Leila S. Chudori has an excerpt from her novel Home (out from us October 27th) up at the Asian American Writer’s Workshop (AAWW) magazine, The Margins, who are running a series on Indonesian Literature in Translation around Indonesia’s turn as the Guest of Honor (which they’re branding as “17,000 Islands of Imagination“) at the Frankfurt Book Fair in October. Here’s a piece of the excerpt from Home posted in The Margins:
We drank our coffee on the back terrace of the house. Tante Surti now seemed to be ready to give her testimony. She positioned herself on a chair facing the camera, a sign that we could begin.
Before starting, I told Tante Surti that if at any point she began to feel uncomfortable, she was to tell me so, and I would stop the camera. But with only one question from me to start, she began speaking to the camera as if it were a long lost friend, someone she had waited for years to meet again….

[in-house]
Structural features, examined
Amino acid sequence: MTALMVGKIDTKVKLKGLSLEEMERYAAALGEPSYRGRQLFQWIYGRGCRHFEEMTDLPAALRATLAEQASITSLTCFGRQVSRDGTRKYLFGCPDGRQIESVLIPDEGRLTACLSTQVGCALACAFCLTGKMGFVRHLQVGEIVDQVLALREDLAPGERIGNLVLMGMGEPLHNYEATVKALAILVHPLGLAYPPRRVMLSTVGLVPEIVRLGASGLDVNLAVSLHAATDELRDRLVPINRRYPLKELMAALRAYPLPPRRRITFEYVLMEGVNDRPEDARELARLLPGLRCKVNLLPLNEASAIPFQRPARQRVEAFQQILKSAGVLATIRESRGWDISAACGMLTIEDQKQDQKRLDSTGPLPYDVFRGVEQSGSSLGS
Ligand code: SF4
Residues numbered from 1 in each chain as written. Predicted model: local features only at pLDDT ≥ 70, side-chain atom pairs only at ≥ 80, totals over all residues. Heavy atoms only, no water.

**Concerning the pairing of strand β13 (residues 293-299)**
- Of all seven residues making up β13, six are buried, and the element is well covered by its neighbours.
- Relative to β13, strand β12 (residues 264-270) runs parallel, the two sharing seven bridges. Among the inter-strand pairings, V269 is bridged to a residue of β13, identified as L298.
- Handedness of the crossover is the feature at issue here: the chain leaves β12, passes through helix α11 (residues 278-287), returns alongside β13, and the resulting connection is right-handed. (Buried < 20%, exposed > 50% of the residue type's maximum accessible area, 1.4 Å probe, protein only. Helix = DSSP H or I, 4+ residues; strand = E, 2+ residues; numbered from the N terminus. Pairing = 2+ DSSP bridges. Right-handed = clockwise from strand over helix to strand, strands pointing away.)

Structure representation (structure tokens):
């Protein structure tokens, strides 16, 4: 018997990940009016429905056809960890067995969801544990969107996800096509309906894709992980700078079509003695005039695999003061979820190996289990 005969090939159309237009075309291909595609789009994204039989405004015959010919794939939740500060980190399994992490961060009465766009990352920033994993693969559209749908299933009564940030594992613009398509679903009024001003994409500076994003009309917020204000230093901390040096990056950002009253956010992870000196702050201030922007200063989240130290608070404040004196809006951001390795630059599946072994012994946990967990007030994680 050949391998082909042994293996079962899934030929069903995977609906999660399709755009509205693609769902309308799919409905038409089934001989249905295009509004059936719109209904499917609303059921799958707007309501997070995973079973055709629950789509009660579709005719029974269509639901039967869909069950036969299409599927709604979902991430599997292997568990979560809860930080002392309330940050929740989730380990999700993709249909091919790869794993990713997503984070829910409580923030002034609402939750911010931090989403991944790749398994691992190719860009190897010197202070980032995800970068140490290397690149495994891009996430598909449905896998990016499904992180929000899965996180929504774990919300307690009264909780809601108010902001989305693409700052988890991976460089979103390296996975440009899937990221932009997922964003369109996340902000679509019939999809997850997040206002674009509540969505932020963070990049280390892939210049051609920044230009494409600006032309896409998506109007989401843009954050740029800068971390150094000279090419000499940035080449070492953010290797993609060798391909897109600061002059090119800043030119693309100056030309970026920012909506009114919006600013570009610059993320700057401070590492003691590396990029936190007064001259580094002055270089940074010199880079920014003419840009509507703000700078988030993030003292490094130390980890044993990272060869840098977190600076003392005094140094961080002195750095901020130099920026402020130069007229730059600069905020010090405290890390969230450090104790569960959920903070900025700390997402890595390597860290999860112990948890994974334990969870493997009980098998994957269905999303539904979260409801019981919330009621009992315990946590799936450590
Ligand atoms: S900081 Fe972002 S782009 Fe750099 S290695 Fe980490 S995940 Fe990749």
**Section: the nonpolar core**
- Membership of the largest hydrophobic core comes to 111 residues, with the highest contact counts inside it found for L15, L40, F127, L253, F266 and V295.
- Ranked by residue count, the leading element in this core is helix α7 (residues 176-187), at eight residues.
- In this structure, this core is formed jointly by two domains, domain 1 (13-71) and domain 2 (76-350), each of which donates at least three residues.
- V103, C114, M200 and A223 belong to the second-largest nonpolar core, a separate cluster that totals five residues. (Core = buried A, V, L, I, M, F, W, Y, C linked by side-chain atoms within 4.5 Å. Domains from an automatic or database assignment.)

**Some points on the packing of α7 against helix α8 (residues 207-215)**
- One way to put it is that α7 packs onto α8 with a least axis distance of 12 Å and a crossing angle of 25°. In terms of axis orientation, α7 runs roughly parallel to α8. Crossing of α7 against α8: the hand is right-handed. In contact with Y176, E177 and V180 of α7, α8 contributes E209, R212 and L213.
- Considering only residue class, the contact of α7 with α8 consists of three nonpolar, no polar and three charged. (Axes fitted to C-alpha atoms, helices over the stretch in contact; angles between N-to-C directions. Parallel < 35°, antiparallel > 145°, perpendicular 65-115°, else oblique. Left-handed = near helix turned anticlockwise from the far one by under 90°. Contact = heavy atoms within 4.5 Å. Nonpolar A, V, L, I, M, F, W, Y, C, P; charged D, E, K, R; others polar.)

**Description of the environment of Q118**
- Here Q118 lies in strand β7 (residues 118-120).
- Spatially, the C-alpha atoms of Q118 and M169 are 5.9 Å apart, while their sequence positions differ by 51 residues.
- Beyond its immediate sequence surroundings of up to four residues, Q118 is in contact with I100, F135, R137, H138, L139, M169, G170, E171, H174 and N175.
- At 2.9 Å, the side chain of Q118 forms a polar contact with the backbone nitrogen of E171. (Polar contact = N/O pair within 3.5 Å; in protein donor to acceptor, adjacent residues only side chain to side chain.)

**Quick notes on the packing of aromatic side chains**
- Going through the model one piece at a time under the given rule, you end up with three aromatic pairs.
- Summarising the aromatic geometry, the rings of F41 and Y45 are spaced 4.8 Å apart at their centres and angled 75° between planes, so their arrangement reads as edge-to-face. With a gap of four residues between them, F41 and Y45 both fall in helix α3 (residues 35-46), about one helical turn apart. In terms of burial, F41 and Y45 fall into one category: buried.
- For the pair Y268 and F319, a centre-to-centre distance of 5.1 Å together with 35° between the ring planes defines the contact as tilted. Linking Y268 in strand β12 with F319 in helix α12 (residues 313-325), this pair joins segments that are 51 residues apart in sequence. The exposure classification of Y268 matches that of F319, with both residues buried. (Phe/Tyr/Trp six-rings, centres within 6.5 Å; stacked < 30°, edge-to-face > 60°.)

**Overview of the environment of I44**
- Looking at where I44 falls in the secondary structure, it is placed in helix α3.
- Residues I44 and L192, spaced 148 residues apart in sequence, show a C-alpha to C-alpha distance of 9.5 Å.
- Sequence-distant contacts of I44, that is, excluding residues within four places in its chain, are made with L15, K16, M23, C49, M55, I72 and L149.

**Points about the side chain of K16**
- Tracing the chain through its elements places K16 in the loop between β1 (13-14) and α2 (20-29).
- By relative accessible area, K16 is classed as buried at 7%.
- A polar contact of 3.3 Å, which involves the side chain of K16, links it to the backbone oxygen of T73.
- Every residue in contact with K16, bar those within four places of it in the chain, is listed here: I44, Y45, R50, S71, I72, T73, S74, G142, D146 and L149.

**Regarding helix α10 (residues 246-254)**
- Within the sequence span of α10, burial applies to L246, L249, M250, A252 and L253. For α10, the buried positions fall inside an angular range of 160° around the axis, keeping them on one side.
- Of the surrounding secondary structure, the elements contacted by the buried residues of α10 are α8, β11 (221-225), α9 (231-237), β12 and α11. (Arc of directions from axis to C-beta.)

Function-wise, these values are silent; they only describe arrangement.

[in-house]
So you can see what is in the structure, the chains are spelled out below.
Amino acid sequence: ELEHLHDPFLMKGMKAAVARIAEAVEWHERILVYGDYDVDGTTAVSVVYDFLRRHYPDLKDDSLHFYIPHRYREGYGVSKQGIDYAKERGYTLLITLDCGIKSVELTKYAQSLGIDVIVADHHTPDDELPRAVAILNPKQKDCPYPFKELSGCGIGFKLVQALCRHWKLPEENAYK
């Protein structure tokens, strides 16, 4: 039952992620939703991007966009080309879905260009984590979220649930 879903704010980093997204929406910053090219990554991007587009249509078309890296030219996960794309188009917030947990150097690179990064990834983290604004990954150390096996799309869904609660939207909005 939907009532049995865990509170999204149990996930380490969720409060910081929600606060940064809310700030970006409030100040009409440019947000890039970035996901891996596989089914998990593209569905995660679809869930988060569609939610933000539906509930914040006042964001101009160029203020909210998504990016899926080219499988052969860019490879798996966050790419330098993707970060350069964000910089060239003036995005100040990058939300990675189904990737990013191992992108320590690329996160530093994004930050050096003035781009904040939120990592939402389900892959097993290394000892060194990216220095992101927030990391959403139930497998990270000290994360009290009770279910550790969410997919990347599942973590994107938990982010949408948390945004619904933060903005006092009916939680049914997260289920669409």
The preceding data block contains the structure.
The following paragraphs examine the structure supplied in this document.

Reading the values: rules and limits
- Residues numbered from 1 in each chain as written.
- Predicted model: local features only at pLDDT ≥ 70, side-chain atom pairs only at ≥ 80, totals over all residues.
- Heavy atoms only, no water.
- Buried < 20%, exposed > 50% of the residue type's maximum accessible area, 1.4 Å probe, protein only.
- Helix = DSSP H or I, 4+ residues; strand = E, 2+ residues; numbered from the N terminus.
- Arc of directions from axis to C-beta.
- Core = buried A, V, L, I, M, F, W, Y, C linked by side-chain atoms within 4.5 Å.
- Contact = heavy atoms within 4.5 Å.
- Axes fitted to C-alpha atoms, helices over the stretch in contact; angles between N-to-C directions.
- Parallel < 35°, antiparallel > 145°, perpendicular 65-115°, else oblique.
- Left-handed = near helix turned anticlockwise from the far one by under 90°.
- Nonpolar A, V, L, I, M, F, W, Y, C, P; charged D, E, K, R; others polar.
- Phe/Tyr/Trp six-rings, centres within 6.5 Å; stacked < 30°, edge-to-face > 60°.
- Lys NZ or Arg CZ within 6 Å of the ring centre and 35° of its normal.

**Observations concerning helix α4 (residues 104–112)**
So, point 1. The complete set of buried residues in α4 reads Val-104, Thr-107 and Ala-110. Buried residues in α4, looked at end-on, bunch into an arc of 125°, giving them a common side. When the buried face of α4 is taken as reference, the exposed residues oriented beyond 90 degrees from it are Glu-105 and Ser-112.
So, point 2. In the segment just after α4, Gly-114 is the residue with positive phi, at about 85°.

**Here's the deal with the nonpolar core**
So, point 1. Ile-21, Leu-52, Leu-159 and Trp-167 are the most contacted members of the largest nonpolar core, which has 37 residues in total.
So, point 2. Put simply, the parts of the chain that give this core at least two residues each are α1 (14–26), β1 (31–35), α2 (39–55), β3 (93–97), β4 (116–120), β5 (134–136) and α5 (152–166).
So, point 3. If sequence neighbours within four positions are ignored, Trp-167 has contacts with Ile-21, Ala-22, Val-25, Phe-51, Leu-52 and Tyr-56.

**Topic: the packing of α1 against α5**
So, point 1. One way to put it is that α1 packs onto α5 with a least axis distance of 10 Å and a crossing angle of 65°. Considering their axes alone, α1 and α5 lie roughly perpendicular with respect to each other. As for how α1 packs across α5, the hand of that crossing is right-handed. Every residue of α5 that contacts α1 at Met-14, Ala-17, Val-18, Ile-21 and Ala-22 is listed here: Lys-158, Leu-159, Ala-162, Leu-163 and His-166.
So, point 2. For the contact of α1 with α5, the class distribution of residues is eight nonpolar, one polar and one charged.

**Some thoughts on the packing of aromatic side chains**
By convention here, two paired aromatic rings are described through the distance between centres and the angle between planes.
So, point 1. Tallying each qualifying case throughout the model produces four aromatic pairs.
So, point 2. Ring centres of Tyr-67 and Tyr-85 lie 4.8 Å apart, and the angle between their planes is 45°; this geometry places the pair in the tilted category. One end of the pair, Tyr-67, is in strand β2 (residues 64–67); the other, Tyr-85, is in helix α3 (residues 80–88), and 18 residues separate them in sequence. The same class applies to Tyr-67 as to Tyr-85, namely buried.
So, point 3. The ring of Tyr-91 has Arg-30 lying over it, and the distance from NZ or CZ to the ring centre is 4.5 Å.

“I decided to marry Hananto Prawiro in Jakarta in 1953 for reasons of love and conviction. Hananto was a responsible man and I knew that he would love and take care of his family. I knew little about his political aspirations or activities. He worked as a journalist at the Nusantara News Agency where he ran the foreign desk. I knew that, of course, but I knew little of his activities outside office hours. In the numerous times that I was interrogated during the three years that Hananto was on the run, it was always that information my interrogators wanted: what it is that Mas Hananto did, whether he was a member of LEKRA, what meetings he had ever attended; who was present at the meetings, and so on and so forth. These questions were asked repeatedly by different interrogators, and with different tones of voice…”